These include encumbrance status stretching to 1983, general power of attorney, land layouts of Hyderabad town and country planning department stretching up to 1941 till 2008. In addition, all real estate developers have to be compulsorily licensed with the state government. “These are unique procedures in Andhra Pradesh, which are not followed in other states,” says Shyam Sunder.

In contrast, the national capital Delhi presents a totally different picture. “Documents presented for registration are not scanned, computerised non-encumbrance certificates are not issued,” says Shyam Sunder. Further, circle rates cannot be verified online, and also the land records. “Moreover Delhi is the only city in India where an architect (empanelled with DDA) can grant building approvals for certain kind of properties on their own. All over India, it is only the concerned local body that has this power,” adds Shyam Sunder.

Most other states fall somewhere in between these extremes. Maharashtra has online search facility for property records dating back to 2002, and online verification of property cards is now operational in a few cities such as Mumbai. Gujarat has computerised processes such as encumbrance certificates, but circle rates and verification facilities are yet to be brought online. Uttar Pradesh ensures that photograph of the property purchased under a deed is affixed to the document, as does Madhya Pradesh, Gujarat and Andhra Pradesh. However, as in Delhi, no scanning of sale deeds is done in Uttar Pradesh.

Most states issue handwritten encumbrance certificates. Only six states — Gujarat, Andhra Pradesh, Tamil Nadu, Karnataka, Kerala and Orissa — have computerised them. Maharashtra, Rajasthan and West Bengal do not issue them at all. Assam issues encumbrance certificates from 2002 onwards. For records prior to that, additional permissions are necessary, which take up significant time, placing the state among the worst performers in land registration. In addition, the state has the highest registration fee (8.5 per cent) across the country.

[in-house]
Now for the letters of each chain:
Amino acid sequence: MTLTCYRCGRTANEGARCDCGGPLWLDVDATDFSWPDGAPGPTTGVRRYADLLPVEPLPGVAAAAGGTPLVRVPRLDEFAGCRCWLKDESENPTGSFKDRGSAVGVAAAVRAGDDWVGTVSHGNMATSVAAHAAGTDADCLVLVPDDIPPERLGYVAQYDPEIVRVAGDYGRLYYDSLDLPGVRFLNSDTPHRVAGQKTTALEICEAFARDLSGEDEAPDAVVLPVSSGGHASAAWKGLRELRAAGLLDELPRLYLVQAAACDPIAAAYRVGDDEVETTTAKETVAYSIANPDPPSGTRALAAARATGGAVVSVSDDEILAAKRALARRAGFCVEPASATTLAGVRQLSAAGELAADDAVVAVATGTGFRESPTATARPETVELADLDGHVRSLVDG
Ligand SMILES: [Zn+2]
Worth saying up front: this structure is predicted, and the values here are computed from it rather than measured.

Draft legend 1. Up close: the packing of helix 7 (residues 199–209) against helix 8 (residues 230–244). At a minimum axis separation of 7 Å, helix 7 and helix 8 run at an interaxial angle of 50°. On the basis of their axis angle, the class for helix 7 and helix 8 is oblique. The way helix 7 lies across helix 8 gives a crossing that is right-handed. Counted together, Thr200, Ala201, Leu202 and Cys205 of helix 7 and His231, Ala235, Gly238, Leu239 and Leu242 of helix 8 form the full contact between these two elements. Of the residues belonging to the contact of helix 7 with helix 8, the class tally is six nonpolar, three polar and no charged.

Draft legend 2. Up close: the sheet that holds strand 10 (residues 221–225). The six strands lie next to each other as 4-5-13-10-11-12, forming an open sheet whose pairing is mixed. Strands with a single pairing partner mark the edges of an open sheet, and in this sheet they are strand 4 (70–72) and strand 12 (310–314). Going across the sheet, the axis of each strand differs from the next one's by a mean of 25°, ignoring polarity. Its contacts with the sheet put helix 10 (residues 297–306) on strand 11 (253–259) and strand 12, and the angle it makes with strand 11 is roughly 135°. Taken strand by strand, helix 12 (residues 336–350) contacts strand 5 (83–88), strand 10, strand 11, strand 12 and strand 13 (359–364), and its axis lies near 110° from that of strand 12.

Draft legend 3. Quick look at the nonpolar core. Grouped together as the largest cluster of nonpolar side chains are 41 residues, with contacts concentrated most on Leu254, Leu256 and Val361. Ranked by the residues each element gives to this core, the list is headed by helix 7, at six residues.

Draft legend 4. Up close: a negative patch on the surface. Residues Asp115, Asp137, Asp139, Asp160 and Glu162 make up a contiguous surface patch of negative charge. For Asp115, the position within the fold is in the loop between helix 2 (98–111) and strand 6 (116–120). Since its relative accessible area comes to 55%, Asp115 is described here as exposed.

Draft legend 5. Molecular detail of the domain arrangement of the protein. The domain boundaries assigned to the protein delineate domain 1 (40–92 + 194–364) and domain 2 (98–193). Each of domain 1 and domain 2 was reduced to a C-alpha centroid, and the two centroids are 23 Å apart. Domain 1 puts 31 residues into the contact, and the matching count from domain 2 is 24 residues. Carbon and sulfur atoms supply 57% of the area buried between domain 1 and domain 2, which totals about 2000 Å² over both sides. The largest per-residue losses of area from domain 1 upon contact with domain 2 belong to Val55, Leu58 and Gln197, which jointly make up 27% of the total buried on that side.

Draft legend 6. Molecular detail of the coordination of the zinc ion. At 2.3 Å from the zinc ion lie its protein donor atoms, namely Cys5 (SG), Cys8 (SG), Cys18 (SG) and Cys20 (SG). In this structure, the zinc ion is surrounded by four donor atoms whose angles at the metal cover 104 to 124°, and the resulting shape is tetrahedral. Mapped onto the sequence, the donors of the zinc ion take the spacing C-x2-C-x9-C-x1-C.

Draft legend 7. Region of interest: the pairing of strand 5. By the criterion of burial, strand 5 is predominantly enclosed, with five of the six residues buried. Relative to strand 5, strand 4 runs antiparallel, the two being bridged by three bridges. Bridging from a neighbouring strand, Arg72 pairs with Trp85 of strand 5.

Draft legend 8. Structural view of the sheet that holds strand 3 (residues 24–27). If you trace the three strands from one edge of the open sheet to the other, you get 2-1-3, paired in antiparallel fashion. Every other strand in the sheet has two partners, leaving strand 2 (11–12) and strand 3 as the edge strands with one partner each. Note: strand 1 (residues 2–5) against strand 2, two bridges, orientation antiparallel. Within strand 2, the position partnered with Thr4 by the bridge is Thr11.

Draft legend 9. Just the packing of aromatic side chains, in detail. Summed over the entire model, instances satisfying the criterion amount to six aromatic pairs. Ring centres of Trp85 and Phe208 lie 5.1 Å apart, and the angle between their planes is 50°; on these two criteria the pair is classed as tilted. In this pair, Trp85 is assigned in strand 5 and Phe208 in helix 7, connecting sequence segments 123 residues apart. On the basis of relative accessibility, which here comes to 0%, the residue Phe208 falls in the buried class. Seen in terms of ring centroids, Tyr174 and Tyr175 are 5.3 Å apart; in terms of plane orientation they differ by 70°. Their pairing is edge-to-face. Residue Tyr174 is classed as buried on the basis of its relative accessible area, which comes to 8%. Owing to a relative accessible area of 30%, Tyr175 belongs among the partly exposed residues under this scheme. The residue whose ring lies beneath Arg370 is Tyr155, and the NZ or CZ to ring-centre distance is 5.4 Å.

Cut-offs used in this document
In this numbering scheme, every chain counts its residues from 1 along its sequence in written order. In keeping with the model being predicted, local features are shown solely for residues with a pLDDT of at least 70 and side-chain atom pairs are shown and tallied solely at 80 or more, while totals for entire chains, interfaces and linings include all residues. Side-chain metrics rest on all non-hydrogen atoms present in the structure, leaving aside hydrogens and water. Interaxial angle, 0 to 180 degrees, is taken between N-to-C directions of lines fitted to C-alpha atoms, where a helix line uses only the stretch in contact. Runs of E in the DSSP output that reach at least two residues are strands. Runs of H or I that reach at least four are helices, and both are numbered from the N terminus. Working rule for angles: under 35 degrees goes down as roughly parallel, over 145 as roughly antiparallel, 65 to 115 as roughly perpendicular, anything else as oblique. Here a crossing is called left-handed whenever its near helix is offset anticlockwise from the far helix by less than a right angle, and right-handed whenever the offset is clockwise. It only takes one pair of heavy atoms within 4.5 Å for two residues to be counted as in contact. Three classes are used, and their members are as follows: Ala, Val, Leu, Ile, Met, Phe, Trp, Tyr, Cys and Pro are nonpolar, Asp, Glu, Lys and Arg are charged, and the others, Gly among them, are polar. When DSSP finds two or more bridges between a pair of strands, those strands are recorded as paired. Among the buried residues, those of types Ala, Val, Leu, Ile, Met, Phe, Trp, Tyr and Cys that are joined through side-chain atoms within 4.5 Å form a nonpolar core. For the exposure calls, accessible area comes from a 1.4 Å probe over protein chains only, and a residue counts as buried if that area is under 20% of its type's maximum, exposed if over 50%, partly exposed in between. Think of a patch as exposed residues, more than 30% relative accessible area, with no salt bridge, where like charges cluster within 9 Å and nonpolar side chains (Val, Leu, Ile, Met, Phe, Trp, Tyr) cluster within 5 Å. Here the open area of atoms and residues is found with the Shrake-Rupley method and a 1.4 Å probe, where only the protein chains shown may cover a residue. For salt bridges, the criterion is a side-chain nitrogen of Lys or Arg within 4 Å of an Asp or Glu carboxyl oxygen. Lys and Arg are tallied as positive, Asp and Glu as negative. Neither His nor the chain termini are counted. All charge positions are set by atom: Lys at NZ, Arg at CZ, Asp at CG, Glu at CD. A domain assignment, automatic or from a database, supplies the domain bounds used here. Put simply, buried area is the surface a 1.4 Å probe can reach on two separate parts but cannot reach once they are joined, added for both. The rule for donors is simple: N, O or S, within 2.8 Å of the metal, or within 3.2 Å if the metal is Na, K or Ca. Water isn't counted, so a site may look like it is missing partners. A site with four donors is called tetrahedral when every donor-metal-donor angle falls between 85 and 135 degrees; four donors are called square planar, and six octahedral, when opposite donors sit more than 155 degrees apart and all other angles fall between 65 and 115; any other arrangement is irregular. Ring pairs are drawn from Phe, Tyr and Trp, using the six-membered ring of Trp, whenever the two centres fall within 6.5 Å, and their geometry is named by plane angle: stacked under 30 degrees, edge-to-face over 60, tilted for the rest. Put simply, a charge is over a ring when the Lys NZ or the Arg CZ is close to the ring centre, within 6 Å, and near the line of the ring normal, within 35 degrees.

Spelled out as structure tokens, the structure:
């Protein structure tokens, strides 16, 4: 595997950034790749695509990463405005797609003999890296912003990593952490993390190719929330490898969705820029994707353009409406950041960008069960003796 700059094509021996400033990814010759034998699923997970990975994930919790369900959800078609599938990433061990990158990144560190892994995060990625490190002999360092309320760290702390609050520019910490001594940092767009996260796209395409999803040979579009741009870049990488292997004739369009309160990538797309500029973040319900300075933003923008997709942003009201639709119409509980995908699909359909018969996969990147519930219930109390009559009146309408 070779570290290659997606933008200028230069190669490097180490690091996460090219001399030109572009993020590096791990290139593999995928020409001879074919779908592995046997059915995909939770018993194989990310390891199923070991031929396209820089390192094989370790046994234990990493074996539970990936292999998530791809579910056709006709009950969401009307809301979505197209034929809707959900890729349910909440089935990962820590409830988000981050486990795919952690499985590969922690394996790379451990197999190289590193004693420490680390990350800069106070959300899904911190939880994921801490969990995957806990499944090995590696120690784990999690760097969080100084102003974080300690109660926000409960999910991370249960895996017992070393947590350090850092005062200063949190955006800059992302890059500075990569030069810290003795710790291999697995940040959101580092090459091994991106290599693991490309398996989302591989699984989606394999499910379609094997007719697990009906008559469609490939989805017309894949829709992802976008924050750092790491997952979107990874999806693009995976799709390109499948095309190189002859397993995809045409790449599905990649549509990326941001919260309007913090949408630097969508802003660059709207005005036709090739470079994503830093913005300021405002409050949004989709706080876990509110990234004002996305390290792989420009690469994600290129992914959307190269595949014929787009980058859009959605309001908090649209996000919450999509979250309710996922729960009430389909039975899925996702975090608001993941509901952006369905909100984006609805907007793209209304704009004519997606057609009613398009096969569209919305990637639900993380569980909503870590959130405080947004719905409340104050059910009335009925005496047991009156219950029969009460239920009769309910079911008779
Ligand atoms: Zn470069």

In addition to such complications, a real estate developer is subjected to a multitude of clearances to start construction on the land that is assembled.

“More than 40 different approvals are required before the commencement of a real estate project, which may take somewhere between six months to a year,” says Sachin Sandhir, MD, RICS South Asia, a body that sets standards and certifies practices in the real estate sector.

A report prepared by real estate consultancy Cushman & Wakefield and industry chamber Assocham has detailed some of these requirements (see table).

“Getting all requisite clearances can take a developer as much as two years. During this time, the cost of acquisition or even just holding the land for a project rises. Builders already have to cover external and internal development charges, licence costs and often charges for change of land use, which have also risen. Cost of construction has gone up by more than 25-30 per cent over the last four years, as well,” says Santhosh Kumar, CEO-Operations, JLL India.

To address these bottlenecks, the Union ministry of housing and urban poverty alleviation set up a committee that worked from April 2012 to January 2013. It has recommended forward and backward linkages at the Union, states, urban local bodies and panchayats through a robust technology platform that will usher in a single-window mechanism. “There needs to be a greater push for establishing of a single window clearance mechanism in the country,” says Sandhir.

Given the complications in each state, it will be a long haul towards a single-window system throughout India. “As per the expert committee’s estimates, the right kind of decisions could possibly bring down the approval timelines from the current 196 days to 60 days. However, this is easier said than done. Only time will tell how this arrangement will pan out,” says Kumar.